The Broncos used a 6th round pick on California LB Mike Mohamed who has the ability to come in and play a key role on special teams from day one. He’s a rangy athlete who possesses natural fluidity in his drop and has a burst when asked to close on the football. He isn’t the biggest and will struggle when run at. However, he should be able to find a role as a nickel backer on passing downs early on, is a potential starter as a weak side guy and his passion/fire should make him a standout on kick coverage.
When I watch Evan Royster on tape I see a guy who runs hard, can pick his way through the line of scrimmage and churns out tough yards through contact. However, he’s a “blah” athlete who isn’t dynamic in any area of the game. But, as a no-none sense type one cut runner, Royster is the kind of runner that makes a lot of sense for the Redskins and their zone blocking scheme late in the draft.
When I first saw DeMarcus Love as a sophomore guard in 2008, I thought he would eventually end up being a top-50 pick. However, he has bounced back and fourth between both right and left tackle over the past two years and has never really gotten comfortable at a position. He’s a good athlete, possesses long arms and can bend. However, he too often gets overextended and is going to need time to clean up a lot of technical flaws. Nevertheless, he’s got some talent and I like his upside inside at the next level.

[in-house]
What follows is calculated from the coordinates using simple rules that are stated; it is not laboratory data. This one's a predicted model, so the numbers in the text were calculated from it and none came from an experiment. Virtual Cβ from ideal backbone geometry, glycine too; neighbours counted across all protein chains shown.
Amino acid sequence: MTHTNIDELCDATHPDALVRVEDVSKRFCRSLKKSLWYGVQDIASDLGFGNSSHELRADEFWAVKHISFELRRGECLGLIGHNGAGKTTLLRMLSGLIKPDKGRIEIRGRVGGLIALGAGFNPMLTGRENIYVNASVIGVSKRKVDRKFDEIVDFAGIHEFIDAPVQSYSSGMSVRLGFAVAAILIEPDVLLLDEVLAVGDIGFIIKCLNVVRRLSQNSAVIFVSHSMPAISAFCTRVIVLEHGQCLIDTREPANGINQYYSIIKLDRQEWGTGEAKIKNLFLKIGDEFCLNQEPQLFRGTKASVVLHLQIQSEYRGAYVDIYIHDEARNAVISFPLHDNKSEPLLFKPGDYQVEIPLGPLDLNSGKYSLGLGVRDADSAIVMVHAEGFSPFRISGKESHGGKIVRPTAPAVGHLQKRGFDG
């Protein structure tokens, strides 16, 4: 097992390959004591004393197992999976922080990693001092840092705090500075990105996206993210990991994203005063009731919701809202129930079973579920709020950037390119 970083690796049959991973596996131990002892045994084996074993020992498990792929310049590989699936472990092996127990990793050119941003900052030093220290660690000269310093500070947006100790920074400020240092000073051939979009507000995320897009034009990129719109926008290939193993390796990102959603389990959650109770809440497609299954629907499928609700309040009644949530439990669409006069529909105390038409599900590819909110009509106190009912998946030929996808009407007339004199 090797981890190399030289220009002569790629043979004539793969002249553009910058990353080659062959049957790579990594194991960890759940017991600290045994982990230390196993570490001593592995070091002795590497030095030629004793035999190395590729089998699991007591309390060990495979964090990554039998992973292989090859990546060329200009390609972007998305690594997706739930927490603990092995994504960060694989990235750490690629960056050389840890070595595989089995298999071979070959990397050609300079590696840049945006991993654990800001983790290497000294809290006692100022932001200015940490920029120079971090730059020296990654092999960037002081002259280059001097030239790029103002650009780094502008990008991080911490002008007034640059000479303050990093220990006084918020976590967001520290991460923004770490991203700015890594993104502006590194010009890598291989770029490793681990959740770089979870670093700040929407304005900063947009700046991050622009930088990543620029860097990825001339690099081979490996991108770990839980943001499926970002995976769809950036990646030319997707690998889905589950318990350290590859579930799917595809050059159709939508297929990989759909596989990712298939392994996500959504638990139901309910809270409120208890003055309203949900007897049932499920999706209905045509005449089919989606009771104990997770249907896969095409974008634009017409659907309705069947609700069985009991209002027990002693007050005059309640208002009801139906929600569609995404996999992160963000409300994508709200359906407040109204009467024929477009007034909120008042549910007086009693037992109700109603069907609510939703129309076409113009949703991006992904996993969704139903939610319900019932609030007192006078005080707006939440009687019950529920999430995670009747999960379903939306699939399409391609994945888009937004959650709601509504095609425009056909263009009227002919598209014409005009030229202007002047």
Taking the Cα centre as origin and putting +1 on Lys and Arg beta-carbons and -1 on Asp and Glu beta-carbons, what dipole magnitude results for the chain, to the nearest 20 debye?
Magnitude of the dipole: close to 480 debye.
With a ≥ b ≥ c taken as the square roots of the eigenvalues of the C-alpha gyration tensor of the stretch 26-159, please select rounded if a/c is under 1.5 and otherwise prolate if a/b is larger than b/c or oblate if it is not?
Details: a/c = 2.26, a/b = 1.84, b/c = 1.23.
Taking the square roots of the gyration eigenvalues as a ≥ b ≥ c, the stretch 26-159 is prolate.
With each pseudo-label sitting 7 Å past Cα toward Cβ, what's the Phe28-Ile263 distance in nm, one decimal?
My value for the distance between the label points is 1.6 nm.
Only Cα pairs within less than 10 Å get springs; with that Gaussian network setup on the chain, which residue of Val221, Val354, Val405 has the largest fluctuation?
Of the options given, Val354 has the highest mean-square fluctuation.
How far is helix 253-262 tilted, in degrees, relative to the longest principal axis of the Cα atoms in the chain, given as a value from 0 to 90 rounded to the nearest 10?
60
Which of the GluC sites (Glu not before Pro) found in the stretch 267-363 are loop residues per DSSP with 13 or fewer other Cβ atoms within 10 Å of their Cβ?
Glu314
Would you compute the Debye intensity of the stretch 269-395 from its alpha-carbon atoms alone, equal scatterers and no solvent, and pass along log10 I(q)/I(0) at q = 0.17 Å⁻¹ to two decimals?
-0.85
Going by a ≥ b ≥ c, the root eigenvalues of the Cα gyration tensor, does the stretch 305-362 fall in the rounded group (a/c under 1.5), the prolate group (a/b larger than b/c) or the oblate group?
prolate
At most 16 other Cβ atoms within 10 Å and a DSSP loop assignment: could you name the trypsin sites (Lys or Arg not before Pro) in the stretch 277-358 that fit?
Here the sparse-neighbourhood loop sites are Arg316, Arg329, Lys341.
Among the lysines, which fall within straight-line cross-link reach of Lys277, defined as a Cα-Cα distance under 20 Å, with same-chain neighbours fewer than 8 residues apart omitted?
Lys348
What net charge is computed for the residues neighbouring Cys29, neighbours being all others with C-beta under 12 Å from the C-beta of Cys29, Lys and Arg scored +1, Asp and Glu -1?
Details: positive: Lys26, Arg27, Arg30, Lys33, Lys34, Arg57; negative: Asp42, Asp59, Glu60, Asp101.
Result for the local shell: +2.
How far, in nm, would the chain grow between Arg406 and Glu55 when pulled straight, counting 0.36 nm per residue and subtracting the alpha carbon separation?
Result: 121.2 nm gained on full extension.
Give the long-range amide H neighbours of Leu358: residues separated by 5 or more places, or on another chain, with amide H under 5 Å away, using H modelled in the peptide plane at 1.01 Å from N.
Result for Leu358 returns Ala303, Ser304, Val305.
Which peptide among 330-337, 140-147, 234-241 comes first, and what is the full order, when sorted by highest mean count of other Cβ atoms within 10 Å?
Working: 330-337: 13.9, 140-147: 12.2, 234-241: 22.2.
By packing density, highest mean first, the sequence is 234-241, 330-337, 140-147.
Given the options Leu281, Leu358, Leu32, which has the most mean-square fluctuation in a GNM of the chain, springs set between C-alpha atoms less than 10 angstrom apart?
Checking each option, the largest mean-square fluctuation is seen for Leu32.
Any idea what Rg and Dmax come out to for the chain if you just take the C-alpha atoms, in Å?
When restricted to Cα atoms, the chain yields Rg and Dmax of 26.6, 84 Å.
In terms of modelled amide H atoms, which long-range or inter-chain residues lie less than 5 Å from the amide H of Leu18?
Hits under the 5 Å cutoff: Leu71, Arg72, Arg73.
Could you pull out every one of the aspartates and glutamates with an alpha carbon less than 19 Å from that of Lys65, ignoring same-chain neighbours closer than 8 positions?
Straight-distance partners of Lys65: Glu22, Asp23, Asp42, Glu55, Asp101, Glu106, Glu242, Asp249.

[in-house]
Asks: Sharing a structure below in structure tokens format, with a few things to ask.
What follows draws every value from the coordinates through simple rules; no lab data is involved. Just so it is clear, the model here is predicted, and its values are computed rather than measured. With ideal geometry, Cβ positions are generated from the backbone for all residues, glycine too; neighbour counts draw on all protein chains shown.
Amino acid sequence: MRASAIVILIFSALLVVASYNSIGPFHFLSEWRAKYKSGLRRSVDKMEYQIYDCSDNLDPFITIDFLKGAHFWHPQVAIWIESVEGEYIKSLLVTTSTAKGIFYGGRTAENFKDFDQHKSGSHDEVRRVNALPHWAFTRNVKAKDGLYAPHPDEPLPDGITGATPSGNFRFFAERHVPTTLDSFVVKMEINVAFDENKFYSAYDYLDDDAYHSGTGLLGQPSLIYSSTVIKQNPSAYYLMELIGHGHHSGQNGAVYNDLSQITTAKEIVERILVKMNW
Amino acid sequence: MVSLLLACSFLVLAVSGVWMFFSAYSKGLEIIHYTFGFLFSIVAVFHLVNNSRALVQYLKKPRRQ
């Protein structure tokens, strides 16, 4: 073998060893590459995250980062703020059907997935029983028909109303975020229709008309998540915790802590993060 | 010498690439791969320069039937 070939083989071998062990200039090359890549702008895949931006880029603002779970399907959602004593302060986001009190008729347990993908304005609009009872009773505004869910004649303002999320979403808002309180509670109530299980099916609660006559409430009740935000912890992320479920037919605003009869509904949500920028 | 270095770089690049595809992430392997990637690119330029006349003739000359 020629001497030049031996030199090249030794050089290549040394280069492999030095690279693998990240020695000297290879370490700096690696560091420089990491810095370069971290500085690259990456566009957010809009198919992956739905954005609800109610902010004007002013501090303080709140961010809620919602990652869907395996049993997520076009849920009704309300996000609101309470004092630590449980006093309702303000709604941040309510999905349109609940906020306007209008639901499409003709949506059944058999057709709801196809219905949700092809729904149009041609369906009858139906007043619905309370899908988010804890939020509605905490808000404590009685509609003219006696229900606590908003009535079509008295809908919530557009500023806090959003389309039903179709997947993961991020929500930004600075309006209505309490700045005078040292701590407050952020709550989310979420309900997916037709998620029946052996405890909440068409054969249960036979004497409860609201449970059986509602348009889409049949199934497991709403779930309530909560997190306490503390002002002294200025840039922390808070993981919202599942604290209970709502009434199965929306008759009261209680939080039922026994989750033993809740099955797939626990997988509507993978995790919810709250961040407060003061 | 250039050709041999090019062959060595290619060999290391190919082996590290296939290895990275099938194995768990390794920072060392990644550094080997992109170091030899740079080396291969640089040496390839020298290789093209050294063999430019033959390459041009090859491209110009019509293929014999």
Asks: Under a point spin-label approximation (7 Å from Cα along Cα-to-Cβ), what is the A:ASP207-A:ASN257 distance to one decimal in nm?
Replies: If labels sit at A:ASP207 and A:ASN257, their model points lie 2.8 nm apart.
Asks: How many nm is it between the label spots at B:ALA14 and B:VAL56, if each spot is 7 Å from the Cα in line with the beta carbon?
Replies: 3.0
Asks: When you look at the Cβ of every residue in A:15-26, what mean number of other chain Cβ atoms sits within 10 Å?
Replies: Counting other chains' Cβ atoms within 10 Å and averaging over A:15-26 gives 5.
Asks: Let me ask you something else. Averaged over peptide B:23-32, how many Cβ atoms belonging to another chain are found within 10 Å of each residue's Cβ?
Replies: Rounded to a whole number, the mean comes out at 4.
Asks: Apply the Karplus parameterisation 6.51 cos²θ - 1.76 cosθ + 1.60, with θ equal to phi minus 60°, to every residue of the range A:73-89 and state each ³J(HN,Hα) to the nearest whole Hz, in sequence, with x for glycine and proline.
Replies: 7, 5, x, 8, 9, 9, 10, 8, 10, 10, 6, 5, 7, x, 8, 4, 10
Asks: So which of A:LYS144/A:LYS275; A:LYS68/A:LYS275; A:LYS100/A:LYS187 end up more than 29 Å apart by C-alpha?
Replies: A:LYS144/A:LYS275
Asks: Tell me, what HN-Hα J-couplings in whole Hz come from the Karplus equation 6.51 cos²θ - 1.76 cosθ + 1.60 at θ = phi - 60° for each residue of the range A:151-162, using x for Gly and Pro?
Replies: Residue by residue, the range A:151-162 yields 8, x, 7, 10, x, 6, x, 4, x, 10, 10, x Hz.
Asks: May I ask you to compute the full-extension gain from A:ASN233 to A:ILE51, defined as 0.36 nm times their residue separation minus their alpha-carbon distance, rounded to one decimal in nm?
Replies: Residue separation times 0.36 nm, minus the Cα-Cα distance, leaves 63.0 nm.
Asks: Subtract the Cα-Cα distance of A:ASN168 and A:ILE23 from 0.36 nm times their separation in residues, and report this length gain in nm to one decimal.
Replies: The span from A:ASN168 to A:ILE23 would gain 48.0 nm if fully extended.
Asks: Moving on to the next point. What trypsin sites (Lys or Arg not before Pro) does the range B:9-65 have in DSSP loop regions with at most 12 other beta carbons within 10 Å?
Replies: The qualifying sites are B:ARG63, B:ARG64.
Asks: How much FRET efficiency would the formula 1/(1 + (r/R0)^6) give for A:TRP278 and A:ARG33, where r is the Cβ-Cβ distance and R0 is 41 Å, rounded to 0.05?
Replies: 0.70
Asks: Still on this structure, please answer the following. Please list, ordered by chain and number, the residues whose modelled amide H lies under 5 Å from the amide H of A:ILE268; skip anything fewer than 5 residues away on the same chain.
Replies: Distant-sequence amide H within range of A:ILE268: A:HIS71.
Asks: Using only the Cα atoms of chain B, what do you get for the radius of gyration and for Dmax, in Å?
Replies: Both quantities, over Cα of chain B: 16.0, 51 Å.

Here’s a look at three of my favorite picks from round five…
New England Patriots: OL Marcus Cannon (selected #138)
From a talent standpoint, Cannon is a second round caliber prospect who can play both tackle and guard. However, there was a medical scare with him last week pertaining to a mass found in his body, but there’s a good chance he will be 100% healthy in about 10-12 weeks. With so many picks to play with, the Pats may have found another late round steal.
Former Pittsburgh OT Jason Pinkston.
Cleveland Browns: OL Jason Pinkston (selected #150)
Pinkston played left tackle at Pitt, but will kick inside at the next level. He has some pop at the point of attack, can gain leverage and drive defenders off the football. Needs to play in tight areas, but as a downhill guard in the Browns power run game, I love this pick.
Washington Redskins: WR Niles Paul (selected #155)
He’s built like a running back and is a powerful strider down the field when asked to get vertical. I can see him making plays both from the slot and on the outside for the Redskins, plus he’s a load to bring down after the catch. The biggest question I have with Paul is in regards to his hands. However, it has more to do with his concentration than his ability to pluck the football.